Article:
Joplin economy rebounds

Bekah Collins, Staff Writer

In the recent months following the May tornado that devastated most of the Joplin area, city officials are pleased to see business booming despite the loss of several prominent businesses in town.  

Sam Anselm, assistant city manager, acredits most of the revenue increase to volunteers who, while helping the city rebuild physically also aided in the rebuilding of Joplin’s economy.  Anselm said he was thankful for the $18 million worth of donated resources, both in tangible goods and physical labor, from volunteers.

He remembers the abundance of support directly following the storm, saying “It was hard to walk down the street without being offered a free meal.”

Sales tax revenue for the city of Joplin rose nearly 7 percent since last year alone.

“This is definitely one of our better years, financially, since 2007 when the economy started to dip,” Anselm said

Lodging tax revenue increased by 18 percent since the tornado, largely due to displaced residents opting to reside in hotels, rather than government assisted temporary housing.

Patrick Tuttle, director of the convention and visitors bureau, estimated that hotels in the Joplin area operated at 100 percent occupancy for 60-90 days following the storm.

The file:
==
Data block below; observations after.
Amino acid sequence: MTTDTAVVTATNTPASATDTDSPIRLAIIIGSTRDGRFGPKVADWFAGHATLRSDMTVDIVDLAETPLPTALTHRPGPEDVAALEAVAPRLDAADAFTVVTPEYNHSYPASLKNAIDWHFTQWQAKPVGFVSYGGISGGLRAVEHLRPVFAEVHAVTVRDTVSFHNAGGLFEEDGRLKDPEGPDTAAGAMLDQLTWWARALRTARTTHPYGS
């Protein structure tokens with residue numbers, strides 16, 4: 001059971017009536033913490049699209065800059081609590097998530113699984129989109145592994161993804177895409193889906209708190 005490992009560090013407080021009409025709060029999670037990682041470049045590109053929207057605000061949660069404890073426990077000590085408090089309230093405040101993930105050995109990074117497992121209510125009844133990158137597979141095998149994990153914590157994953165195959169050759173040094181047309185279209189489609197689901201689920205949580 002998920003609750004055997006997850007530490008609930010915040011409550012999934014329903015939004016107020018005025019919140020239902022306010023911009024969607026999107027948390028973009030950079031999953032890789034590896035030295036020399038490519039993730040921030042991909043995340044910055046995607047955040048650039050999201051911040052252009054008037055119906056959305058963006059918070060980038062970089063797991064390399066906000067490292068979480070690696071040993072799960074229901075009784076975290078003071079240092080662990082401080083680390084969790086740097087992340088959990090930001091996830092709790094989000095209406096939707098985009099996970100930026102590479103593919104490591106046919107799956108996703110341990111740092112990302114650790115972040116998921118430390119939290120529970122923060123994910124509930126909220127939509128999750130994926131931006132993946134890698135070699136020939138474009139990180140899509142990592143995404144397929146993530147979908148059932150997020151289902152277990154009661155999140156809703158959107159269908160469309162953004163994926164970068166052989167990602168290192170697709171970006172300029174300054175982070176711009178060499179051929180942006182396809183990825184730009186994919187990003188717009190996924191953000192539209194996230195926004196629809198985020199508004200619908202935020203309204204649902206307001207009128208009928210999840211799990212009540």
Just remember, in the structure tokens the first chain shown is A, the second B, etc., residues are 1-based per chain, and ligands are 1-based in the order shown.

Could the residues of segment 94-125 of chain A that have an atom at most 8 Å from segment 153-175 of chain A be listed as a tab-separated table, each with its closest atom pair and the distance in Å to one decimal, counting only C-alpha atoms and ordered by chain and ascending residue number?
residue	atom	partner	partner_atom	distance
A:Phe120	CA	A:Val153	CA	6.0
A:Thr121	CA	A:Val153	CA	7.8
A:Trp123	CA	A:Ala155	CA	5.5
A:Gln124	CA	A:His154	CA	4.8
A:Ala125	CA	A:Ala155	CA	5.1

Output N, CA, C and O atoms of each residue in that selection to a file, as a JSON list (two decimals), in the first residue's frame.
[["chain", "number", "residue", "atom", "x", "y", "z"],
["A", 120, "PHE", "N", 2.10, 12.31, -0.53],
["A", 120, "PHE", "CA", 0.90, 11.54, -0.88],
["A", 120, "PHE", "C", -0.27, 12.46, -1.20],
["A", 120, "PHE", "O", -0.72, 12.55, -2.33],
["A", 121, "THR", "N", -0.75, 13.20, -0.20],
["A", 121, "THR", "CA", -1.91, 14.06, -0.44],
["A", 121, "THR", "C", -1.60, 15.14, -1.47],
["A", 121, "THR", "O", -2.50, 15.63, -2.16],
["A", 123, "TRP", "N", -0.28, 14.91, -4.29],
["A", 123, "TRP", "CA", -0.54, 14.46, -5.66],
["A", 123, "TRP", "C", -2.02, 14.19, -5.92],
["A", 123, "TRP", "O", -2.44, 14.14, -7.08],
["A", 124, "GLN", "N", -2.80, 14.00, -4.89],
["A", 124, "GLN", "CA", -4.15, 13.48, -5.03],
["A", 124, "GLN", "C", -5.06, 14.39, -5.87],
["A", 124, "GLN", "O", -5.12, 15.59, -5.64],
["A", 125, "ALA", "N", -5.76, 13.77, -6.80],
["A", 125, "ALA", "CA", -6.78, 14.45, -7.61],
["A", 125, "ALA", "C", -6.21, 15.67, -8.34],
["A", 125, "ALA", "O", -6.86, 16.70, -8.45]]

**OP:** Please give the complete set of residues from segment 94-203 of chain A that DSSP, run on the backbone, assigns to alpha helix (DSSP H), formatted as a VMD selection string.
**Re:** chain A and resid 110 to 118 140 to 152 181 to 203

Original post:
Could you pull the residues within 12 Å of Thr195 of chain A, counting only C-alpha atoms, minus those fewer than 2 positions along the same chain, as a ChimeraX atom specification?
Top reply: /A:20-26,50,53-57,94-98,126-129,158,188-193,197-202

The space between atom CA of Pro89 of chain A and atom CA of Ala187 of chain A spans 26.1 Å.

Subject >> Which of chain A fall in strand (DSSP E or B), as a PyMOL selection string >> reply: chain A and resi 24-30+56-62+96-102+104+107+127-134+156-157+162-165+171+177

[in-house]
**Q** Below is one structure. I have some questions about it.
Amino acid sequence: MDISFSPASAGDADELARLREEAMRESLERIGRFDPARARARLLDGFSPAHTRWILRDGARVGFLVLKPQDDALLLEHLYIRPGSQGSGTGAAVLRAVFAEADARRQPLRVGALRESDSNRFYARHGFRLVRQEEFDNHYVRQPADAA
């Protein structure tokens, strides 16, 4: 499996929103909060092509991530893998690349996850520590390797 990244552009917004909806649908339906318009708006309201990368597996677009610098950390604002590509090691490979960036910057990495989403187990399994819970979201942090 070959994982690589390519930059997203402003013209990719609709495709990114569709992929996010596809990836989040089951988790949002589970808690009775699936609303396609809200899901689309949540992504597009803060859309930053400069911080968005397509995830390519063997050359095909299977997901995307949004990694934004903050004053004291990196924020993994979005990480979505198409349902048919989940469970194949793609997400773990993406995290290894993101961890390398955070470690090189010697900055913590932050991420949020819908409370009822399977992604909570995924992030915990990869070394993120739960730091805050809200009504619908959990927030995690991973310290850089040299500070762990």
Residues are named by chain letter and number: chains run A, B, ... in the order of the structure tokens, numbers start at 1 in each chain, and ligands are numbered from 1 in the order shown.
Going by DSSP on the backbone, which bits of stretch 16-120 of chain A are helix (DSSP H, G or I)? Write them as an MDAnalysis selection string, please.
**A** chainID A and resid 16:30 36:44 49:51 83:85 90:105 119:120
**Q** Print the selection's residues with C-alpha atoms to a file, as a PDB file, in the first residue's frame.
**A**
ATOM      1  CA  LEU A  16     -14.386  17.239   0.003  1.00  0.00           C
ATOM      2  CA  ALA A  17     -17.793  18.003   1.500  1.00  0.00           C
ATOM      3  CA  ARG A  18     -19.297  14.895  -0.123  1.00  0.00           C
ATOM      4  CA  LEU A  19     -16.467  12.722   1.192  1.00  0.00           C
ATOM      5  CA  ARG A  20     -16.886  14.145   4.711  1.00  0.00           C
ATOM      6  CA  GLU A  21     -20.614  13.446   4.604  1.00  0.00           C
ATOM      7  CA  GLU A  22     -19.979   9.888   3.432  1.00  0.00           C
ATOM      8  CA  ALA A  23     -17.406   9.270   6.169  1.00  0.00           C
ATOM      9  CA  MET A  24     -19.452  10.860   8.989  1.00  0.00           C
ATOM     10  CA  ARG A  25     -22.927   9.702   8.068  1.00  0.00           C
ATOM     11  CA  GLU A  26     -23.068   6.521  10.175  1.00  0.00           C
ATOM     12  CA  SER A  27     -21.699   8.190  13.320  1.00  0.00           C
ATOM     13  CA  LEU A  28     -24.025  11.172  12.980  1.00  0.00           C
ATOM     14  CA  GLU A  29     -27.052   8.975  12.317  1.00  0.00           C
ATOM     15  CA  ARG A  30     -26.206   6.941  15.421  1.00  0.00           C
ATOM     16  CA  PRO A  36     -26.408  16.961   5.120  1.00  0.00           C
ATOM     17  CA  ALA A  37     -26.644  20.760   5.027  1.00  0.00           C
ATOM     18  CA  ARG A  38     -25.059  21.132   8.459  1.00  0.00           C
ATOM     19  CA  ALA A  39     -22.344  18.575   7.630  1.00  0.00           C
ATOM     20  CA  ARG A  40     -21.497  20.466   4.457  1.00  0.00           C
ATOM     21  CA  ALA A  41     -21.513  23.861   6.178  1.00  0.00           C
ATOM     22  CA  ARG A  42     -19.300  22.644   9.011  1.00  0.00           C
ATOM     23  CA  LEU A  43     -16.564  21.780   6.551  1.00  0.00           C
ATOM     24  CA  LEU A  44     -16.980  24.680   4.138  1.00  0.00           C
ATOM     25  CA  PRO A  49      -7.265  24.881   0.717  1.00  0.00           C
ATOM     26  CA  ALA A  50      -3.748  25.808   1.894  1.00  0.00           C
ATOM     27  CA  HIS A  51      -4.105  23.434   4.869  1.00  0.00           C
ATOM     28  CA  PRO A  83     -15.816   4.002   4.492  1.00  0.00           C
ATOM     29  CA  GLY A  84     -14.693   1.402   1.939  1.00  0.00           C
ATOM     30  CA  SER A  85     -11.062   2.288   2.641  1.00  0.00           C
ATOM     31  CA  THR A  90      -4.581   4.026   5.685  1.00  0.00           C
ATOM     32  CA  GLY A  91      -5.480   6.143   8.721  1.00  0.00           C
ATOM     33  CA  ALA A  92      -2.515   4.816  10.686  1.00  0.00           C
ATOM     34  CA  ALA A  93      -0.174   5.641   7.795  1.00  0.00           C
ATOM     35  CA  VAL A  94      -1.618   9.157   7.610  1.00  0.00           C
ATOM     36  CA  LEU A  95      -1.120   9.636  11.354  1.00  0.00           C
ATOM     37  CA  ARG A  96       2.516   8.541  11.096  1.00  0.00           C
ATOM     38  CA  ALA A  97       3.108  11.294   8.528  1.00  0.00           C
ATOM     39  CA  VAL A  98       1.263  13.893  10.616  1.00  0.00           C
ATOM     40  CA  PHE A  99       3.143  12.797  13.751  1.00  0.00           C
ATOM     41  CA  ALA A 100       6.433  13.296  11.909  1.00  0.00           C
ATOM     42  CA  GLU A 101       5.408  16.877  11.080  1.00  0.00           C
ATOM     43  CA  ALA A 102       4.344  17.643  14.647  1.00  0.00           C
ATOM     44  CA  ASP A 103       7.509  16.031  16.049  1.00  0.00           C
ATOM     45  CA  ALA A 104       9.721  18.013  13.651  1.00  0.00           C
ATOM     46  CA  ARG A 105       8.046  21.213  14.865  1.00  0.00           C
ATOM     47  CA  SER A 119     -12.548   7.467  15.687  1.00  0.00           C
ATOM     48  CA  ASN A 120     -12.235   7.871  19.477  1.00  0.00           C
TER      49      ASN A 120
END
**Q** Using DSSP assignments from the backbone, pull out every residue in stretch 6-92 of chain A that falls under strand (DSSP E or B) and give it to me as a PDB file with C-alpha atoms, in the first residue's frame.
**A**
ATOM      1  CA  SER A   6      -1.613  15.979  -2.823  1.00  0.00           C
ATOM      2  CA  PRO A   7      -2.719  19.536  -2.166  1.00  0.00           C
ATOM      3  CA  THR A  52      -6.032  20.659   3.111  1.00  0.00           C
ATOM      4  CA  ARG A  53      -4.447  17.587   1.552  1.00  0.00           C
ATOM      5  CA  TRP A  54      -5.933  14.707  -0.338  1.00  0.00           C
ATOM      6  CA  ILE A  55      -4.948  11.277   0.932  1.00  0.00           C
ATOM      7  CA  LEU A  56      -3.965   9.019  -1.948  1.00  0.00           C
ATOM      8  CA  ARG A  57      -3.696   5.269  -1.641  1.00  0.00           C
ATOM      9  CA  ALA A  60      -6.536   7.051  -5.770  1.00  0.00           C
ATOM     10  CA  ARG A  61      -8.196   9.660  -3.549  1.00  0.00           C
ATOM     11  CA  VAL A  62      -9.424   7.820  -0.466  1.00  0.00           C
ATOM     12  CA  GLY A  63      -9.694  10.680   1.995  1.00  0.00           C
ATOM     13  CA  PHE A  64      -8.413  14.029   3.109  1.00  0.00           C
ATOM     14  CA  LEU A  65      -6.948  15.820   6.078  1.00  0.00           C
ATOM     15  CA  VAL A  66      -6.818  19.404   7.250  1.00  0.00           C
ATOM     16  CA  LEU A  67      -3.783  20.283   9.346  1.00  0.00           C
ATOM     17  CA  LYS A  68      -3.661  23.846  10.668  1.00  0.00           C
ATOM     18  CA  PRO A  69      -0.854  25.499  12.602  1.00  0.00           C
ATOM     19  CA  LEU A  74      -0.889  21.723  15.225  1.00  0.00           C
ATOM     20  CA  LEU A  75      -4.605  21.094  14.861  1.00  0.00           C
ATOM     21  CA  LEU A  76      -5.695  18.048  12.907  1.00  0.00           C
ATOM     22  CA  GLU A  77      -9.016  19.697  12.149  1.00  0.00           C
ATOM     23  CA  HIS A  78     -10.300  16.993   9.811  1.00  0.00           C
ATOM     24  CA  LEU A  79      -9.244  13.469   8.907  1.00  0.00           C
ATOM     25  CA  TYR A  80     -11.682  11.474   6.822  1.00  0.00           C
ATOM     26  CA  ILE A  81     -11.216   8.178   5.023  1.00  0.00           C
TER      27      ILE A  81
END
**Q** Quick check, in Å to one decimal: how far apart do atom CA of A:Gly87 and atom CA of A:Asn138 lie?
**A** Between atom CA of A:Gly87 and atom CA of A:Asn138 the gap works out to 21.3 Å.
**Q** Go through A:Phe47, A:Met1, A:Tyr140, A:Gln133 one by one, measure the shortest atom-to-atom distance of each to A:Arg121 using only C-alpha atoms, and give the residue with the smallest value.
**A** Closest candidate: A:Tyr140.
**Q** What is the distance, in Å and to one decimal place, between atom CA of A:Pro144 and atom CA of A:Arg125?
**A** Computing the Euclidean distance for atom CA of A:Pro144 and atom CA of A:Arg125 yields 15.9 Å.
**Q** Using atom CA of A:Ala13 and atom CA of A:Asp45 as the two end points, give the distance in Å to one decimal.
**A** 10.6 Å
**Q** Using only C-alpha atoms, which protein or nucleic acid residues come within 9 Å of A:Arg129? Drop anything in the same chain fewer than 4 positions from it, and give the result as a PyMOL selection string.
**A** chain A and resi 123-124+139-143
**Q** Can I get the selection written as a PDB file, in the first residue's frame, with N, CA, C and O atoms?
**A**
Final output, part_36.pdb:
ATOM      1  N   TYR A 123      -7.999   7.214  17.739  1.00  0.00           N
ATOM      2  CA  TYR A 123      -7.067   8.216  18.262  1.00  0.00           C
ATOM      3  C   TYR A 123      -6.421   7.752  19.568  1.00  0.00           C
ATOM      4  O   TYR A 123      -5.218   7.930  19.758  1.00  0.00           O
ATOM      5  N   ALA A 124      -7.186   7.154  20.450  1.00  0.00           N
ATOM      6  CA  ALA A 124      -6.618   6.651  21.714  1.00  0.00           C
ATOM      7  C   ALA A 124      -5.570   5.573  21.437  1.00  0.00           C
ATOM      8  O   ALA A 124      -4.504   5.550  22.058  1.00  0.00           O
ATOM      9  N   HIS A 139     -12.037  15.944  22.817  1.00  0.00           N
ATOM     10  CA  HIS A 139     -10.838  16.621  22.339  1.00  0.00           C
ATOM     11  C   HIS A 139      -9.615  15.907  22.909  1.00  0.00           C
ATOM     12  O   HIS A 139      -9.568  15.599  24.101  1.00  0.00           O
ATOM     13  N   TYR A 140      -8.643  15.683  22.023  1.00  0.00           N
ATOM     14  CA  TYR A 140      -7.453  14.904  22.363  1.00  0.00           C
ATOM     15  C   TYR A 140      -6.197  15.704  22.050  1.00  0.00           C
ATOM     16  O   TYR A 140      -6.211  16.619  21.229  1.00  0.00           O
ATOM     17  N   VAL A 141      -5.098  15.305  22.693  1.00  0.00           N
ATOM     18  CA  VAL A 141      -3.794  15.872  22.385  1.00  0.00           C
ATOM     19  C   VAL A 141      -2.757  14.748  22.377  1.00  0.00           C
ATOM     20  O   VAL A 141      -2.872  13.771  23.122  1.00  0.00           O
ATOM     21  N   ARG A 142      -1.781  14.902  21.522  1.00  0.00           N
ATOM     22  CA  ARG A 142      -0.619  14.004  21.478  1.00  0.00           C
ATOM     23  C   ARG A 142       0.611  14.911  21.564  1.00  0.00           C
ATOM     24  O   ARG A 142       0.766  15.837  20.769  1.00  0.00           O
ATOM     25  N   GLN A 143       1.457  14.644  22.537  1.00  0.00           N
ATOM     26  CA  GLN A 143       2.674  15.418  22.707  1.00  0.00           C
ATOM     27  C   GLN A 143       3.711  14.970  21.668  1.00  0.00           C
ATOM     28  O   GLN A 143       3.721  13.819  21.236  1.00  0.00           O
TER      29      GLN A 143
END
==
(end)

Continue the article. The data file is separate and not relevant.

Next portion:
More than 530 places of employment were destroyed or significantly damaged by the EF-5 tornado, and only nine months later nearly 85 percent have re-opened their doors.

Rob O’Brian, president of the Joplin Area Chamber of Commerce, worries that some small businesses won’t be coming back. Reasons vary. “They’ve got their insurance, they’ve gotten SBA assistance to try and close up things, and really they don’t want to start over again,”  O’Brian said.

 He estimates 10 percent of damaged or destroyed businesses will not rebuild, most of them small and locally owned.

“We think there are some new businesses on the horizon,” O’Brian said.

The commercial broker community has indicated that a number of national chain businesses were looking to open branches in Joplin, but were unable to find suitable locations. Now, with the healing economy and vacated commercial property, O’Brian thinks they may revisit the idea.